Description of Drawings

Figure 1 illustrates a simple waveguide produced according to the present invention, Figure 2 illustrates a light coupler produced according to the present invention, Figure, Figure 3 illustrates a light splitter produced according to the present invention, and Figure 4 illustrates an exemplary process flow for the present invention.

Detailed description of Drawings

The inventors of the present application have realized that a process previously employed for fabricating holograms (described in W02008003661, the entire contents of which are herein incorporated) may advantageously be modified and employed in the manufacture of optical components. In particular, the method may be employed to fabricate microscopic photonic devices using a process previously employed for manufacturing holograms.

In a conventional photopolymer hologram recording process a light pattern is produced by the interference of two or more beams of mutually coherent light incident upon a photosensitive layer containing a photosensitive dye. The photosensitive layer typically comprises a number of individual components including: a dye, a free radical generator, and a monomer and, optionally, a binder. Although, it will be appreciated that there may be more than one type of each component, e.g. several different monomers or several different dyes may be employed in the photosensitive material. The role and nature of these materials and the process by which they combine to record a hologram will now be discussed briefly. Although, it will be appreciated that these techniques would be well known and understood by those skilled in the art.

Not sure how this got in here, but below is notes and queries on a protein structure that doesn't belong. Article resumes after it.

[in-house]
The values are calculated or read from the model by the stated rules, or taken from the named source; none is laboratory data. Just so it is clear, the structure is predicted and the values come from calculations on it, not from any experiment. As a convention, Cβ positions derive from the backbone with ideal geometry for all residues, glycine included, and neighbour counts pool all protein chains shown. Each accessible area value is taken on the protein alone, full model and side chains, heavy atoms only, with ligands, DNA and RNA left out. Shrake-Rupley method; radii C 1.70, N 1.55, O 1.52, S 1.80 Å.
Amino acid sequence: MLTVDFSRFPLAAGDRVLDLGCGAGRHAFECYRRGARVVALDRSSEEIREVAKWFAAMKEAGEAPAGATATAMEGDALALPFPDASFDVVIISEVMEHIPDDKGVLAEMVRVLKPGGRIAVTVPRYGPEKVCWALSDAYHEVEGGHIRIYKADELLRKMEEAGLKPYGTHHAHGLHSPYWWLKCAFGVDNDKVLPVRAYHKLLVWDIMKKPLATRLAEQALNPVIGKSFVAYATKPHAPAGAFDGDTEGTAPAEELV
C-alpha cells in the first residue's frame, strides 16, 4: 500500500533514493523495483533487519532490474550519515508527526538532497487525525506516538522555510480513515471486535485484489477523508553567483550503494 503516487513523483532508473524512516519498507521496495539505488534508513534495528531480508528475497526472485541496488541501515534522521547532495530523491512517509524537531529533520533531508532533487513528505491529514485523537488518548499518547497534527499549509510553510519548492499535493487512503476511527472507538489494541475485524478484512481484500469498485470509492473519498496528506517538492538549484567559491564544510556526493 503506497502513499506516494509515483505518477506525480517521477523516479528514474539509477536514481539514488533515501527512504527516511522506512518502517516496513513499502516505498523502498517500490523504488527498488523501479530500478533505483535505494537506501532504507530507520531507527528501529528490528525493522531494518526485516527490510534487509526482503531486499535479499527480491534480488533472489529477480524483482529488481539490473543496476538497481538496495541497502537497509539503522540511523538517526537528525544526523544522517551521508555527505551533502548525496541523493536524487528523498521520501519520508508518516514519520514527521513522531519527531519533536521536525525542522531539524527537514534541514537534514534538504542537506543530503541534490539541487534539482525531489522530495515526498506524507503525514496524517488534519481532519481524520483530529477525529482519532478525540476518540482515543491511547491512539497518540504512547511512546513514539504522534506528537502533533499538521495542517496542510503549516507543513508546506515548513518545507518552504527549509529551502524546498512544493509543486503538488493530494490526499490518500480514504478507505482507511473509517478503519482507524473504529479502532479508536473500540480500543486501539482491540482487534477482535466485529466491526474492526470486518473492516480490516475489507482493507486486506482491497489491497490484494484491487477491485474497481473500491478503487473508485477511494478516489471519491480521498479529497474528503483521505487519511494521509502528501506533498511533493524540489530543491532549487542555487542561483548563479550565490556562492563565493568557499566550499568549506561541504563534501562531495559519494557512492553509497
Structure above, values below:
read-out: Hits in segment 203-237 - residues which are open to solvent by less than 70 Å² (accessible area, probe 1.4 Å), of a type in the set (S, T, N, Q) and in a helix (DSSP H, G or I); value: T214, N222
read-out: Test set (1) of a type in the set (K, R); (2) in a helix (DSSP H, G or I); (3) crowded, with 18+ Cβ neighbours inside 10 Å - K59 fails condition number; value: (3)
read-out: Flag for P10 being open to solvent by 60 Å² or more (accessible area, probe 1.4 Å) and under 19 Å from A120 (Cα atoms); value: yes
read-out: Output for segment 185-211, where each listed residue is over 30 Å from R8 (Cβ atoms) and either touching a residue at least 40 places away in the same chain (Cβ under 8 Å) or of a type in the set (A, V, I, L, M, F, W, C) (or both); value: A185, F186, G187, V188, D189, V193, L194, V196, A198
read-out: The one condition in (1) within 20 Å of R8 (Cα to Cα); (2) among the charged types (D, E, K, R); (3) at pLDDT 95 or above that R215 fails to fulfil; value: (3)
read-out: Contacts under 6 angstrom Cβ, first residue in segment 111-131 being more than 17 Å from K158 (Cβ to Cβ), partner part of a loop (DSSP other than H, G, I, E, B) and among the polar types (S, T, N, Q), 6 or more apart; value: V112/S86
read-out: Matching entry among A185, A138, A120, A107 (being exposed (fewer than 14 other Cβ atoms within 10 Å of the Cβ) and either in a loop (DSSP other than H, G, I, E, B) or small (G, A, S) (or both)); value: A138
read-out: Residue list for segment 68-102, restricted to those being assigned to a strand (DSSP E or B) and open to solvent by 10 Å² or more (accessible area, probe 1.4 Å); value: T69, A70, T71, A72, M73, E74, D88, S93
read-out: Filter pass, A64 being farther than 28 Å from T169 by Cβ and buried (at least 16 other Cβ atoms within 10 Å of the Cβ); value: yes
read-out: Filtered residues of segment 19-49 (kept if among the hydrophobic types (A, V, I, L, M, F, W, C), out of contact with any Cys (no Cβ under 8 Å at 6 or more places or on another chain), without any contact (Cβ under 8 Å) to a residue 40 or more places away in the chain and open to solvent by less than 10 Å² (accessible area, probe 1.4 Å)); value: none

The role of the photosensitive dye in the photosensitive layer is to absorb light and start the photochemical processes that lead to holographic recording. Examples of photosensitive dye would include erythrosine B, fluorescein, eosin and other xanthene dyes.

In bright regions of the produced interference pattern, the energy from photons of light raises the dye molecules to excited singlet states. Many of the singlet state excited molecules are then converted to triplet state excited molecules by intersystem crossing. In the triplet state, a dye molecule can interact with a free radical generator, for example, triethanolamine. This interaction produces an active free radical. The active free radical can, in turn, interact with a monomer molecule such as acrylamide creating a monomer radical. The creation of the monomer radical, results in free radical polymerization occurring in the polymer material.

Conversion of the carbon-carbon double bond to a single bond changes the molecular polarizability of the acrylamide and thus its refractive index. In addition, the depletion of monomer concentration in illuminated regions results in a spatial gradient of monomer concentration inducing diffusion of monomer from dark to bright regions.